OpenNet Initiative to Monitor Internet during the Belarus Presidential Elections

Cambridge (UK), Oxford, Toronto & Cambridge (Mass), 17 March 2006 (ONI). The OpenNet Initiative (ONI) is monitoring for disruptions to Internet access during Belarus’ presidential elections this Sunday (19 March 2006). ONI is testing for evidence of filtering and other denials of service against opposition and media sites. Several instances of alleged DDOS attacks and DNS tampering are presently under investigation. Under the increasingly authoritarian leadership of President Lukashenka, Belarus has become known as the "last dictatorship in Europe," and international observers widely expect this Sunday’s elections to be rigged. Tampering with Internet access has been alleged in past elections, including the presidential vote in 2001, and parliamentary elections in October 2004.

In the past five years Belarus has put in place extensive legal, technical and economic measures aimed at restricting access to the Internet and controlling content critical to the regime. Laws make it illegal to publish information critical of the state, and the Belarus equivalent of the US National Security Agency is responsible for management of the top level county domain, making it possible to temporarily deny access to sites by tampering with DNS records. Belarus ISPs are obliged to buy their connectivity from a single state telecommunications monopoly provider, which also additionally owns shares in most private operators. Harsh taxation measures as well as licensing requirements put operators under intense pressure to cooperate with state authorities.

To date, President Lukashenka’s regime has exercised its ability to control the Internet lightly, and without resorting to widespread internet censorship. Despite reports by human rights and opposition groups accusing authorities of filtering content, blocking websites, and in one case, shutting down the mobile phone system; ONI research has found only one instance of filtering in the past year, and apparently not undertaken for political reasons. (The filtered the sites, and, carried content of interest to the gay community, rather that the political opposition.)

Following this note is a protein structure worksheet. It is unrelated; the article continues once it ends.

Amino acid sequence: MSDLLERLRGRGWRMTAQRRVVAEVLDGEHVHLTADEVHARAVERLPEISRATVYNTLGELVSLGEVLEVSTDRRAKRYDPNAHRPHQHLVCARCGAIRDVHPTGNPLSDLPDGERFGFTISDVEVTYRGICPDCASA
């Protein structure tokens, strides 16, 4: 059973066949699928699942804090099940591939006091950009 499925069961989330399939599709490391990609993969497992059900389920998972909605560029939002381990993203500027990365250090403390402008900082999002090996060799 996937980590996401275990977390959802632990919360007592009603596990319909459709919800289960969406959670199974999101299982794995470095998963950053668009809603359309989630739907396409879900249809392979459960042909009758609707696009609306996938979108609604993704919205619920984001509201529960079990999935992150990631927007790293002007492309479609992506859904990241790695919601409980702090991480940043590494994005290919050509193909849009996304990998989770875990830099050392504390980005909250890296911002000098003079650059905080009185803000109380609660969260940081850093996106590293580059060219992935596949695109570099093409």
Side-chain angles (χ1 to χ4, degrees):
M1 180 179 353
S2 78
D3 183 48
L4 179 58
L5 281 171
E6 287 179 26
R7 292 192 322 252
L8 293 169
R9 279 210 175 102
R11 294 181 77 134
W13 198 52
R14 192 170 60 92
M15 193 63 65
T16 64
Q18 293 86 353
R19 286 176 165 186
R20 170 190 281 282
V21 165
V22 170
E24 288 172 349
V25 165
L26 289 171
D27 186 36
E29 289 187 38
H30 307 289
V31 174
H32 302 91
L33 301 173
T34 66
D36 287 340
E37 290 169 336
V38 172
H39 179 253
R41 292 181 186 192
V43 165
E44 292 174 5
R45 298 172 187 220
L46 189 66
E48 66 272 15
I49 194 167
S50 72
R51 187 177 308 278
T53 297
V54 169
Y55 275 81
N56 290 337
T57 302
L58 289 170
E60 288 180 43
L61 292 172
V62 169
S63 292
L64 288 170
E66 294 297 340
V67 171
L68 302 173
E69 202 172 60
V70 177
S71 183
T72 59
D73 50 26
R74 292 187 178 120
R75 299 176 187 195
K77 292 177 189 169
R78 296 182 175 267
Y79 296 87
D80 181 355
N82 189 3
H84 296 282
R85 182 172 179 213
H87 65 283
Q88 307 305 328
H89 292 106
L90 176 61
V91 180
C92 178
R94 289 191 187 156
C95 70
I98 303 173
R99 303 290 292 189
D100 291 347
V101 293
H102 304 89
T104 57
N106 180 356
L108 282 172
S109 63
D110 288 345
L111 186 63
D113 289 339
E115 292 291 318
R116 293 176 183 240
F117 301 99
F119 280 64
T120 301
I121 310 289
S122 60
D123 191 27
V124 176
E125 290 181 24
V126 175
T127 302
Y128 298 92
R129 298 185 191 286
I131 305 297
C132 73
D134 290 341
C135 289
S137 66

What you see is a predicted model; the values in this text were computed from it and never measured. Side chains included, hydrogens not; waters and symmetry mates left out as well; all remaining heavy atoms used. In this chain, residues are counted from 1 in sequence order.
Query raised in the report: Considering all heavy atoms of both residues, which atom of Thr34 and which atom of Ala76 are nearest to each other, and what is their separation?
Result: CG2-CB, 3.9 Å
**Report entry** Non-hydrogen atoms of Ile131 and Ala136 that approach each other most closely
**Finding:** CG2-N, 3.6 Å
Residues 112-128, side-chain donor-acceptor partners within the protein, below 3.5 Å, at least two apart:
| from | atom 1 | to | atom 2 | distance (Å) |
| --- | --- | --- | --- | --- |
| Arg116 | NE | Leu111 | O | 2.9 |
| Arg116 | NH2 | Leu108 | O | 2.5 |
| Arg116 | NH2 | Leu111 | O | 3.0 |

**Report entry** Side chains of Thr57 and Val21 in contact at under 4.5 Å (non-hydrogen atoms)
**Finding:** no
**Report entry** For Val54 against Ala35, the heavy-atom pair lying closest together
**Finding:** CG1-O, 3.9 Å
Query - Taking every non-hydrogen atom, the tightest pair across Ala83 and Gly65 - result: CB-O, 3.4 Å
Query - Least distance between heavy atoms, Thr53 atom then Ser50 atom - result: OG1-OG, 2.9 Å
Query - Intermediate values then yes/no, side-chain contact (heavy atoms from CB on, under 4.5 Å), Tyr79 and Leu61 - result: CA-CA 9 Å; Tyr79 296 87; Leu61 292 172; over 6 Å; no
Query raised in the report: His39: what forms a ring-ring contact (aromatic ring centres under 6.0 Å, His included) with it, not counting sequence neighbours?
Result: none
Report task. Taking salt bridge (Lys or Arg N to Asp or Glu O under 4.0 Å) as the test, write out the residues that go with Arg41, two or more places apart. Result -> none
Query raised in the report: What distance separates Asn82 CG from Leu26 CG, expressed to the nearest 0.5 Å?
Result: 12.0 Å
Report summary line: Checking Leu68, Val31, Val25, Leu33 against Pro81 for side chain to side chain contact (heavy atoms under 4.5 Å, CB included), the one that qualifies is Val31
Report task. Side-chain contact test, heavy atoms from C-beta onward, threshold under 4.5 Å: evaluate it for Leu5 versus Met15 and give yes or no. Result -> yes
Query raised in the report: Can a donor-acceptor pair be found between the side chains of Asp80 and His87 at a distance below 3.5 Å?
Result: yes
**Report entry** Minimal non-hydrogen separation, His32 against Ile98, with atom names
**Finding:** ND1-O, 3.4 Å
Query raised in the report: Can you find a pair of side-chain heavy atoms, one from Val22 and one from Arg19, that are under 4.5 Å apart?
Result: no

The election monitoring effort caps off ONI’s year-long study of the Internet in Belarus. The Open Net Initiative will release its Belarus “Country Watch” report the week of 20 March 2006.

Monitoring the Internet during election periods is of increasing importance, particularly in the former Soviet republics where the Internet played a significant role in the "color revolutions” that brought down governments in Ukraine and Kyrgyzstan.1 During the February 2005 Kyrgyz parliamentary elections, the ONI documented sustained DDOS attacks that disrupted two of the major opposition newspapers.2 The difficulty in tracing the perpetrators of the DDOS attacks suggests that the use of computer network attack may replace filtering as means used by governments (and others) intent on silencing critics. Unlike filtering, DDOS attacks offer a degree of plausible deniability against charges of censorship and are difficult to prove.


Greetings. Perhaps Lukashenko is usually “light”


Perhaps Lukashenko is usually “light” in his Internet censorship because he knows that the Western world is watching; if his censorship were blatant and widespread, the backlash from the West would likely be substantial enough to topple his regime. Lukashenko needs to lay low and play down his dictatorial authority; of course, he will still retain such authority as long as he can—but at least the world’s vigilance will prevent him from wielding it too openly. Lukashenko, in this respect, is much weaker than he portrays himself. Of course, he blundered in suppressing the post-election protests—for that made the world far more aware of his tyranny than is safe for him politically. One can only hope that external pressures either minimize or eventually utterly destroy Lukashenko’s regime.

For some interesting discussions of international affairs, I invite you to

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